: a statement or fact that explains why something is the way it is, why someone does, thinks, or says something, or why someone behaves a certain way
: a fact, condition, or situation that makes it proper or appropriate to do something, feel something, etc.
: the power of the mind to think and understand in a logical way
1 a : to make apology for
b : to try to remove blame from
2 : to forgive entirely or disregard as of trivial import : regard as excusable <graciously excused his tardiness>
3 a : to grant exemption or release to <was excused from jury duty>
b : to allow to leave <excused the class>
4 : to serve as excuse for : justify <nothing can excuse such neglect>
Other forms: ex·cused; ex·cus·ing
ex·cus·able \ik-ˈskyü-zə-bəl\ adjective
ex·cus·ably \-blē\ adverb
Origin: Middle English, from Anglo-French escuser, excuser, from Latin excusare, from ex- + causa cause, explanation.
First use: 13th century
Synonyms: blink (at), brush (aside or off), condone, discount, disregard, forgive, gloss (over), gloze (over), ignore, overlook, overpass, paper over, pardon, pass over, remit, shrug off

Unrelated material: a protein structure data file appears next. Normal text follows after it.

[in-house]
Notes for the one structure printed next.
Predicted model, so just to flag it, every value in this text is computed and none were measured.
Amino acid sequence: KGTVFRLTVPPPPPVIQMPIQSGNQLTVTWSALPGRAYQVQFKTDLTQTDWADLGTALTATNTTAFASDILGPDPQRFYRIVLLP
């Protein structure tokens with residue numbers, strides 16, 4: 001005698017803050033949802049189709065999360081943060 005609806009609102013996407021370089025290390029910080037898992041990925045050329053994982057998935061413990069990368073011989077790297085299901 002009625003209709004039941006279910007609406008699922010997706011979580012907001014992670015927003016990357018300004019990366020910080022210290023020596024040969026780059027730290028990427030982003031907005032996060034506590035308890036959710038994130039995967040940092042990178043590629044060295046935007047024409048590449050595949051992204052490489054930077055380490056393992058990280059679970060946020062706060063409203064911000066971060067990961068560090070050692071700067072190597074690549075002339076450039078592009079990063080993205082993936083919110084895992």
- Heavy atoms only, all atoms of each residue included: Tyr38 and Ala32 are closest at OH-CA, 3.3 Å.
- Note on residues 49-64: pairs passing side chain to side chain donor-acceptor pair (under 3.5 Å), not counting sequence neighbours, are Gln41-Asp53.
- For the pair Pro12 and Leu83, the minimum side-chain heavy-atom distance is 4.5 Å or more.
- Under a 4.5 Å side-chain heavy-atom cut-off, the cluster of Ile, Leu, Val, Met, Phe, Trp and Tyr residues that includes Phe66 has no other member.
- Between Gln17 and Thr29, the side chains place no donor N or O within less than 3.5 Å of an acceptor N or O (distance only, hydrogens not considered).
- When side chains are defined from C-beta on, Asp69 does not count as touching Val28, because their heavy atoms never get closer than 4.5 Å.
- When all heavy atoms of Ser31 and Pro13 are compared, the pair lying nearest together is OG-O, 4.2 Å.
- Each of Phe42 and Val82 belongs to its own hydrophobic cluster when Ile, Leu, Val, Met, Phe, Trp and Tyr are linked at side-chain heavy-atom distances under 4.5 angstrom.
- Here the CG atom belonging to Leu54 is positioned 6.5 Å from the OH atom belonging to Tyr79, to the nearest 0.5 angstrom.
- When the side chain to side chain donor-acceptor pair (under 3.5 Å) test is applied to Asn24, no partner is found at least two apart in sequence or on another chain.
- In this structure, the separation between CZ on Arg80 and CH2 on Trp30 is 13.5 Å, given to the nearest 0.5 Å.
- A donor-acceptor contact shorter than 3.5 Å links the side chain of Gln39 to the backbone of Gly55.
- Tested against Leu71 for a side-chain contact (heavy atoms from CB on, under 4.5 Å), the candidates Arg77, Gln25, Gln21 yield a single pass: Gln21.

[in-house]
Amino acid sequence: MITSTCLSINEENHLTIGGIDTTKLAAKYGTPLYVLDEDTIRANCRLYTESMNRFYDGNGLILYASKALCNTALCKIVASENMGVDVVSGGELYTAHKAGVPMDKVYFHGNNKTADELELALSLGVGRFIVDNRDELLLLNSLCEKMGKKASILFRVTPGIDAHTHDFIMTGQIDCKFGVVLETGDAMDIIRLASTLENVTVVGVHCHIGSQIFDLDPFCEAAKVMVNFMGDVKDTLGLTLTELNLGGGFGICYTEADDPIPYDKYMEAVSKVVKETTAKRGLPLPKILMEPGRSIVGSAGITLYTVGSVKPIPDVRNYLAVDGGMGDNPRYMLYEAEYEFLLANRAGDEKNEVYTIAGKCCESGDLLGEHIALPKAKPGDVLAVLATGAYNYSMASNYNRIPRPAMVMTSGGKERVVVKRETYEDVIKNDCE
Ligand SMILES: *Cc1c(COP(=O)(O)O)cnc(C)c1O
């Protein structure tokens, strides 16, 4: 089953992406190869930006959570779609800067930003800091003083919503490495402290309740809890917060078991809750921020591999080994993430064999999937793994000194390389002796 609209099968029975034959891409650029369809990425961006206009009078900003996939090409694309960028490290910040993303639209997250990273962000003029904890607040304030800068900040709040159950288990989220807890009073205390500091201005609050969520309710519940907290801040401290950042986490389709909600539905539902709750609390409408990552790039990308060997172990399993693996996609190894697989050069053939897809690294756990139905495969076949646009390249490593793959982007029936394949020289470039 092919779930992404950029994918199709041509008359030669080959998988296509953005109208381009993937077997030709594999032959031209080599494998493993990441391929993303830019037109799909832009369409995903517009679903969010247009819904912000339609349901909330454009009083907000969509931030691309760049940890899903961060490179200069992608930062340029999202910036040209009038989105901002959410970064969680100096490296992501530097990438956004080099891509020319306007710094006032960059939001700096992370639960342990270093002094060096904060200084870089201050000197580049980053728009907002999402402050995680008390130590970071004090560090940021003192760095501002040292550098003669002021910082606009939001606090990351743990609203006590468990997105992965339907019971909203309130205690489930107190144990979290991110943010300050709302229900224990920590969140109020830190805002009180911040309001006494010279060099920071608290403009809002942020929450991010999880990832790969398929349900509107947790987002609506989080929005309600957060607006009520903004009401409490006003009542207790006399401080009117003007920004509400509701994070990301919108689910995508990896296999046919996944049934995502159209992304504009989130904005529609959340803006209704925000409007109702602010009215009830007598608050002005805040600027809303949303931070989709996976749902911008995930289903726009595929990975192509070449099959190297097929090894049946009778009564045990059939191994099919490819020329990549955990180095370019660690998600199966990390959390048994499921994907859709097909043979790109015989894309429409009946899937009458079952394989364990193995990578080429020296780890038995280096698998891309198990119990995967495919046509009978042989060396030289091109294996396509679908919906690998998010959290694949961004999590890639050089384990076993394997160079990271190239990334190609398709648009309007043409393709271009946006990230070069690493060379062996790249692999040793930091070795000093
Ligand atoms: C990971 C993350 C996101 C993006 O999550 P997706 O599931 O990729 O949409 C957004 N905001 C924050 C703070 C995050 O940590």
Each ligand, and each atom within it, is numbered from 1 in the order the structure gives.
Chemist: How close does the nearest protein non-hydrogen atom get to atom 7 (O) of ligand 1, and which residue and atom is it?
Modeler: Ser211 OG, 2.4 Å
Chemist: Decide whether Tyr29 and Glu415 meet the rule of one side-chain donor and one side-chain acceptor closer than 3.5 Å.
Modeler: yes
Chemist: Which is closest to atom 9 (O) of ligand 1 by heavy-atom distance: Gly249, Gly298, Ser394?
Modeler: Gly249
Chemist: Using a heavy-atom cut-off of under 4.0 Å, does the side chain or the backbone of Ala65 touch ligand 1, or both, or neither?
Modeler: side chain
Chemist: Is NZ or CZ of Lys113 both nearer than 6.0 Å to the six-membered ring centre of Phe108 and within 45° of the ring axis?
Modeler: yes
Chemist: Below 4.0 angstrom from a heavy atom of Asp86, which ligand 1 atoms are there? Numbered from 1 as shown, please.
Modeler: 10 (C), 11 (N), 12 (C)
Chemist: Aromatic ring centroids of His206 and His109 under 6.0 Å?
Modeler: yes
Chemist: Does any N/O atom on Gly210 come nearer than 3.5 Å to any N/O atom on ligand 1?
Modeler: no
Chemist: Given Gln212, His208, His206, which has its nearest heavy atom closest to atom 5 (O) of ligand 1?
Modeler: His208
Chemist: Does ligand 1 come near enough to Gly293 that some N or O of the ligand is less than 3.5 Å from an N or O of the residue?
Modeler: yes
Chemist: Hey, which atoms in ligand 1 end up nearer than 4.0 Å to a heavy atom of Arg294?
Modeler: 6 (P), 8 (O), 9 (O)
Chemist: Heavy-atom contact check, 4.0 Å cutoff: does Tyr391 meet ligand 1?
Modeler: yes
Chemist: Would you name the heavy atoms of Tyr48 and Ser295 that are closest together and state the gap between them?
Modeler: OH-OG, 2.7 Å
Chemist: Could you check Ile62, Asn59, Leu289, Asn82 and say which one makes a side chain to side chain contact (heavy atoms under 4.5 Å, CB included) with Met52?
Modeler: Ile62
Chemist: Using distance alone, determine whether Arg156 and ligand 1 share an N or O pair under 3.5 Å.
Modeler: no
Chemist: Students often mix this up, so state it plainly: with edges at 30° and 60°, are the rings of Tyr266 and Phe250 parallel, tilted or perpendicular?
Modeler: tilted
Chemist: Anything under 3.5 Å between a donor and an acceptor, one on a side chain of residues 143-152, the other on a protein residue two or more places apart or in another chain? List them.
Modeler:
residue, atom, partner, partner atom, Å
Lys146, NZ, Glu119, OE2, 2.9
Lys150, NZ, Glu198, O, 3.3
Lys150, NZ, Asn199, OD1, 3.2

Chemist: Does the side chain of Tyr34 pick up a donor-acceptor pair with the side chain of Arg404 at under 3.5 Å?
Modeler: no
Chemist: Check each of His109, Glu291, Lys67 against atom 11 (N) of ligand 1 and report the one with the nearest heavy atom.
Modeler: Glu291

: a reason that you give to explain a mistake, bad behavior, etc.
: reasons that you give to explain politely why you cannot do something, why you have to leave, etc.
: something (such as a condition or set of conditions) that explains improper behavior and makes it acceptable
1 : the act of excusing
2 a : something offered as justification or as grounds for being excused
b plural : an expression of regret for failure to do something
c : a note of explanation of an absence
3 : justification, reason
synonyms see apology
What’s your excuse for being so late?
She had no valid excuse for not finishing her homework.
He’s always making excuses for himself.
First use: 14th century
Synonyms: alibi, apology, defense, justification, plea, reason
At what point is the line drawn between listing reasons and listing excuses? What determines the difference?